For features such as field trips, information should be included as to how students with special needs will be enabled to benefit from this or an equivalent experience. Links to profession specific modules and possibly modules in other faculties/disciplines, such as art, design, engineering, electronics etc Collaborative working with outside agencies which may include field trips appropriate to specific design areas e.g. work places, homes, leisure facilities, charities and voluntary organisations Collaborative international working through remote internet links and conferencing with potential for international placements Self-directed learning, reflexivity and peer review will ensure that all students (mixed ability) will be able to take part at this intermediate level
Learning and Teaching
Teaching and learning methods
The methods will include: • emphasis on developing a focussed approach to using contributions from a range of disciplines for design • brief lectures/seminars to introduce and review generalizable concepts and processes • self-directed learning and preparation in order to make choices and present outcomes to peers • opportunity to work individually, in pairs/teams and action learning sets to complete selected projects and take part in reflection and peer review processes • personal and/or group activities specifically supported by experts and/or national/international collaborators, e.g clinicians, arts and engineering practitioners, users • specified learning activities within module will be course completion/compulsory – with an element of choice: i.e. developing and evaluating a design which will impact on occupational performance related to a defined group/population
|Wider reading or practice||72.5|
|Completion of assessment task||20|
|Preparation for scheduled sessions||20|
|Practical classes and workshops||10|
|Total study time||187.5|
Resources & Reading list
Examples of relevant journals which might be accessed on line in university library. Architectural Design Wiley online library Journal of Urban Design Taylor Francis online journal Journal of Design History Oxford Journals online British Journal of Occupational Therapy Ergonomics Applied Ergonomics Access by Design:The Journal of the Centre for Accessible Environments
Farrelly L (2014). Designing for the Third Age: Architecture Redefined for a Generation of ‘Active Agers’.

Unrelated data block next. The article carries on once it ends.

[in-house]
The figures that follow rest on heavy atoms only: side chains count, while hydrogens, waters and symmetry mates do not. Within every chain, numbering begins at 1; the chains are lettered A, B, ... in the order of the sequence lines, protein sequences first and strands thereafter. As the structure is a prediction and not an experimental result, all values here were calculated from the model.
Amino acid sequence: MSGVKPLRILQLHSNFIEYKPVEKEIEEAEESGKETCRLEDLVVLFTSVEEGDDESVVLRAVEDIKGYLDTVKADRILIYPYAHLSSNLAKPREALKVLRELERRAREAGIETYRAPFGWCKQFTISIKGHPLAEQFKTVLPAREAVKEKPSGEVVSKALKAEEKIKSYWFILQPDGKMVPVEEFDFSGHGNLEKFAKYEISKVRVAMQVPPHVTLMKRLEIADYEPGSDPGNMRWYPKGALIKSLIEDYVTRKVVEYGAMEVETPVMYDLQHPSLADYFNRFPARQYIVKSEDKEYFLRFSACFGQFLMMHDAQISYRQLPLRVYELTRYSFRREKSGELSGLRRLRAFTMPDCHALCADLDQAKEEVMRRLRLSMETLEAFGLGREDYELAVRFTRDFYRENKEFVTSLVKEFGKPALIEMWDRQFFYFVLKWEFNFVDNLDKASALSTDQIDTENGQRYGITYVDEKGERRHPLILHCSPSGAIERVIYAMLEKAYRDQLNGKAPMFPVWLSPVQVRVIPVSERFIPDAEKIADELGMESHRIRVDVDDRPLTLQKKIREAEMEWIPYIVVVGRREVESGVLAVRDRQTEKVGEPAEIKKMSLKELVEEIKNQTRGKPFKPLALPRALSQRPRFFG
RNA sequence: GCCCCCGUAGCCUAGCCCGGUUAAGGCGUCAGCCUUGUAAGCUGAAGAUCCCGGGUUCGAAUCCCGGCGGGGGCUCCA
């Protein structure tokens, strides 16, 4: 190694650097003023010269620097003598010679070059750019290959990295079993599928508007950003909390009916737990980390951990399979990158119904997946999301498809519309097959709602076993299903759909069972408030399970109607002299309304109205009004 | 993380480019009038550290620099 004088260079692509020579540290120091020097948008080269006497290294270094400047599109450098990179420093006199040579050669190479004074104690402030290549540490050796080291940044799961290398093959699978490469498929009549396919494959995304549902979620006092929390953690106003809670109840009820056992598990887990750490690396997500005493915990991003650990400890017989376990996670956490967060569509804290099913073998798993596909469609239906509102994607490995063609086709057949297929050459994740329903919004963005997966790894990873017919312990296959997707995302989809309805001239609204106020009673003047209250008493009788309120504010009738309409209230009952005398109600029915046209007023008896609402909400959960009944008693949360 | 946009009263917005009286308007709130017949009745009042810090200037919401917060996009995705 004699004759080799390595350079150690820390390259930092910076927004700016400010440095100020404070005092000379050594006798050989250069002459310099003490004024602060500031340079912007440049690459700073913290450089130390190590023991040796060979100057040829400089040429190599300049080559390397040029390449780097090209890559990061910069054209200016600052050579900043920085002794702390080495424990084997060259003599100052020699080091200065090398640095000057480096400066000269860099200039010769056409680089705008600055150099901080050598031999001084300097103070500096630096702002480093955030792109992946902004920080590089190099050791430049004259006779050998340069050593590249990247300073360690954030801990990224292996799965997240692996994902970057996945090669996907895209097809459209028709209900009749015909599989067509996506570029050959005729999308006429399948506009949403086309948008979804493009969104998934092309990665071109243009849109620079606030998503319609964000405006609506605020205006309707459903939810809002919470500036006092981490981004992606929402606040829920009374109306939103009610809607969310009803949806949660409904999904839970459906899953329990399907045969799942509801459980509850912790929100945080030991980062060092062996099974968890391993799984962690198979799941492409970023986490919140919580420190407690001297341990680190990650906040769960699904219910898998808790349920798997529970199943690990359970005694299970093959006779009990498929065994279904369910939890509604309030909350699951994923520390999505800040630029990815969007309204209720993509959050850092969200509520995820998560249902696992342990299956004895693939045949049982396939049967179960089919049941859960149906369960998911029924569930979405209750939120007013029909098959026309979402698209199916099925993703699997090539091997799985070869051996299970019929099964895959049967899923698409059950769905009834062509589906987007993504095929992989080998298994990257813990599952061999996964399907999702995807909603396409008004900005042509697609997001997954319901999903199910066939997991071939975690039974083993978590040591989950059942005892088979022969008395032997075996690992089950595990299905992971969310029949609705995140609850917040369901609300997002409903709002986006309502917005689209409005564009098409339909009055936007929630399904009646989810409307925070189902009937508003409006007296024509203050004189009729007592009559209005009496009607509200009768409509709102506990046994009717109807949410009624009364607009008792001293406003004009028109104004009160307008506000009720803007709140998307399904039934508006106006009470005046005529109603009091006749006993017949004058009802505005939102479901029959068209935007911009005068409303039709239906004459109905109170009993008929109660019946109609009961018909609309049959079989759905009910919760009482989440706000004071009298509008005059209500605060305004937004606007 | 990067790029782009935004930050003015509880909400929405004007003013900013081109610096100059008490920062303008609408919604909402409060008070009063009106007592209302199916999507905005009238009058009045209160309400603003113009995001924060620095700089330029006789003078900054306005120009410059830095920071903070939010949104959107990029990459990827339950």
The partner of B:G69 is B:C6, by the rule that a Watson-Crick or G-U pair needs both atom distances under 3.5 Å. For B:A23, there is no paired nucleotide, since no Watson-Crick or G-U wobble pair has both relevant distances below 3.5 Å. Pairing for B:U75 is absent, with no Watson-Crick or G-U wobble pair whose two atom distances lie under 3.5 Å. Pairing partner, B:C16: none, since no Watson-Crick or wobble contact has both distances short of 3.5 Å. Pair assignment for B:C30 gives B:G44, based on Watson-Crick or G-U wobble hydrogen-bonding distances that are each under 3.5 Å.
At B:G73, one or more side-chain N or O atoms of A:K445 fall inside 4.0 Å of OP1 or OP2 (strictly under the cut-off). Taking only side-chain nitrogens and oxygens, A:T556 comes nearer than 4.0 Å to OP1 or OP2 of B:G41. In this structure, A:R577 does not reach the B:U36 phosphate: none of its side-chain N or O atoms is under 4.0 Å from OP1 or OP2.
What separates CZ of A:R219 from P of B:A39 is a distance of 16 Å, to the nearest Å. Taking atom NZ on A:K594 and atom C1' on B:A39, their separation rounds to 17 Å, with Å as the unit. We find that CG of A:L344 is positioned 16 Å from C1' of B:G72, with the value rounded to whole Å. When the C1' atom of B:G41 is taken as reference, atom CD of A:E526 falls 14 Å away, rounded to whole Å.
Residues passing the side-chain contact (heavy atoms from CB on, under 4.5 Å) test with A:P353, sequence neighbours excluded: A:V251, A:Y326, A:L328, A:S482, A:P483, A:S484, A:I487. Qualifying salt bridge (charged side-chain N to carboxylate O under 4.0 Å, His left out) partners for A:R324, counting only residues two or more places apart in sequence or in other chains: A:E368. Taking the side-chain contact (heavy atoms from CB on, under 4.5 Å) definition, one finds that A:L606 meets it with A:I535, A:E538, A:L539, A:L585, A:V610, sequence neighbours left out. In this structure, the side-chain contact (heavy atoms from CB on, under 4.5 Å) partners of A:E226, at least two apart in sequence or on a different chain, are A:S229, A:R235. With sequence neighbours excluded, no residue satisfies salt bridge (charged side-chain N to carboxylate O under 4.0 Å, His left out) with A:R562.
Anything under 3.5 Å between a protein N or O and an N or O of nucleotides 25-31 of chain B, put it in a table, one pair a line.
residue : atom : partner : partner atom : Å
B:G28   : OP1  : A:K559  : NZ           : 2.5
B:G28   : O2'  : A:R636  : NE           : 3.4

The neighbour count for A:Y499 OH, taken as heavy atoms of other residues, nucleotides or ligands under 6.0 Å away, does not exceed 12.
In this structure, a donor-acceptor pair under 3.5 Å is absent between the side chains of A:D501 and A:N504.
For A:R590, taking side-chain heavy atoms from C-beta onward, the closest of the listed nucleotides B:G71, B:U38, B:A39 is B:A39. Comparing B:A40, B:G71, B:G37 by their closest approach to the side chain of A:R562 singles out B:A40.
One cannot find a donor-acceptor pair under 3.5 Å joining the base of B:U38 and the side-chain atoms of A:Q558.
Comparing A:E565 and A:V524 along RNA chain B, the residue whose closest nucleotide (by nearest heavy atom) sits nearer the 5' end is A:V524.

Resources required will depend on projects attempted but may include practical resources, statutory and practical guidance as well as academic literature and will also include resources used at level 4:.
Learning Activities – course completion (Action Learning Set presentation – development and evaluation of a design impacting on occupational performance related to a defined group/population Feature of assessment – linked to another module but might consist of: Summative – Individual viva presentation of learning activity/task including - research and collaboration to identify a need, - options generated to collaboratively decide on the final design route to follow - process of designing - evaluation of the usefulness of the design to the defined group/population
Repeat type: Internal & External
Costs associated with this module
Students are responsible for meeting the cost of essential textbooks, and of producing such essays, assignments, laboratory reports and dissertations as are required to fulfil the academic requirements for each programme of study.
In addition to this, students registered for this module typically also have to pay for:
Travel Costs for placements
Cost of travel to outside agencies and for field trips linked to chosen design modality Cost of materials to complete/develop design for assessment Potential costs linked to establishing international placements
Please also ensure you read the section on additional costs in the University’s Fees, Charges and Expenses Regulations in the University Calendar available at www.calendar.soton.ac.uk.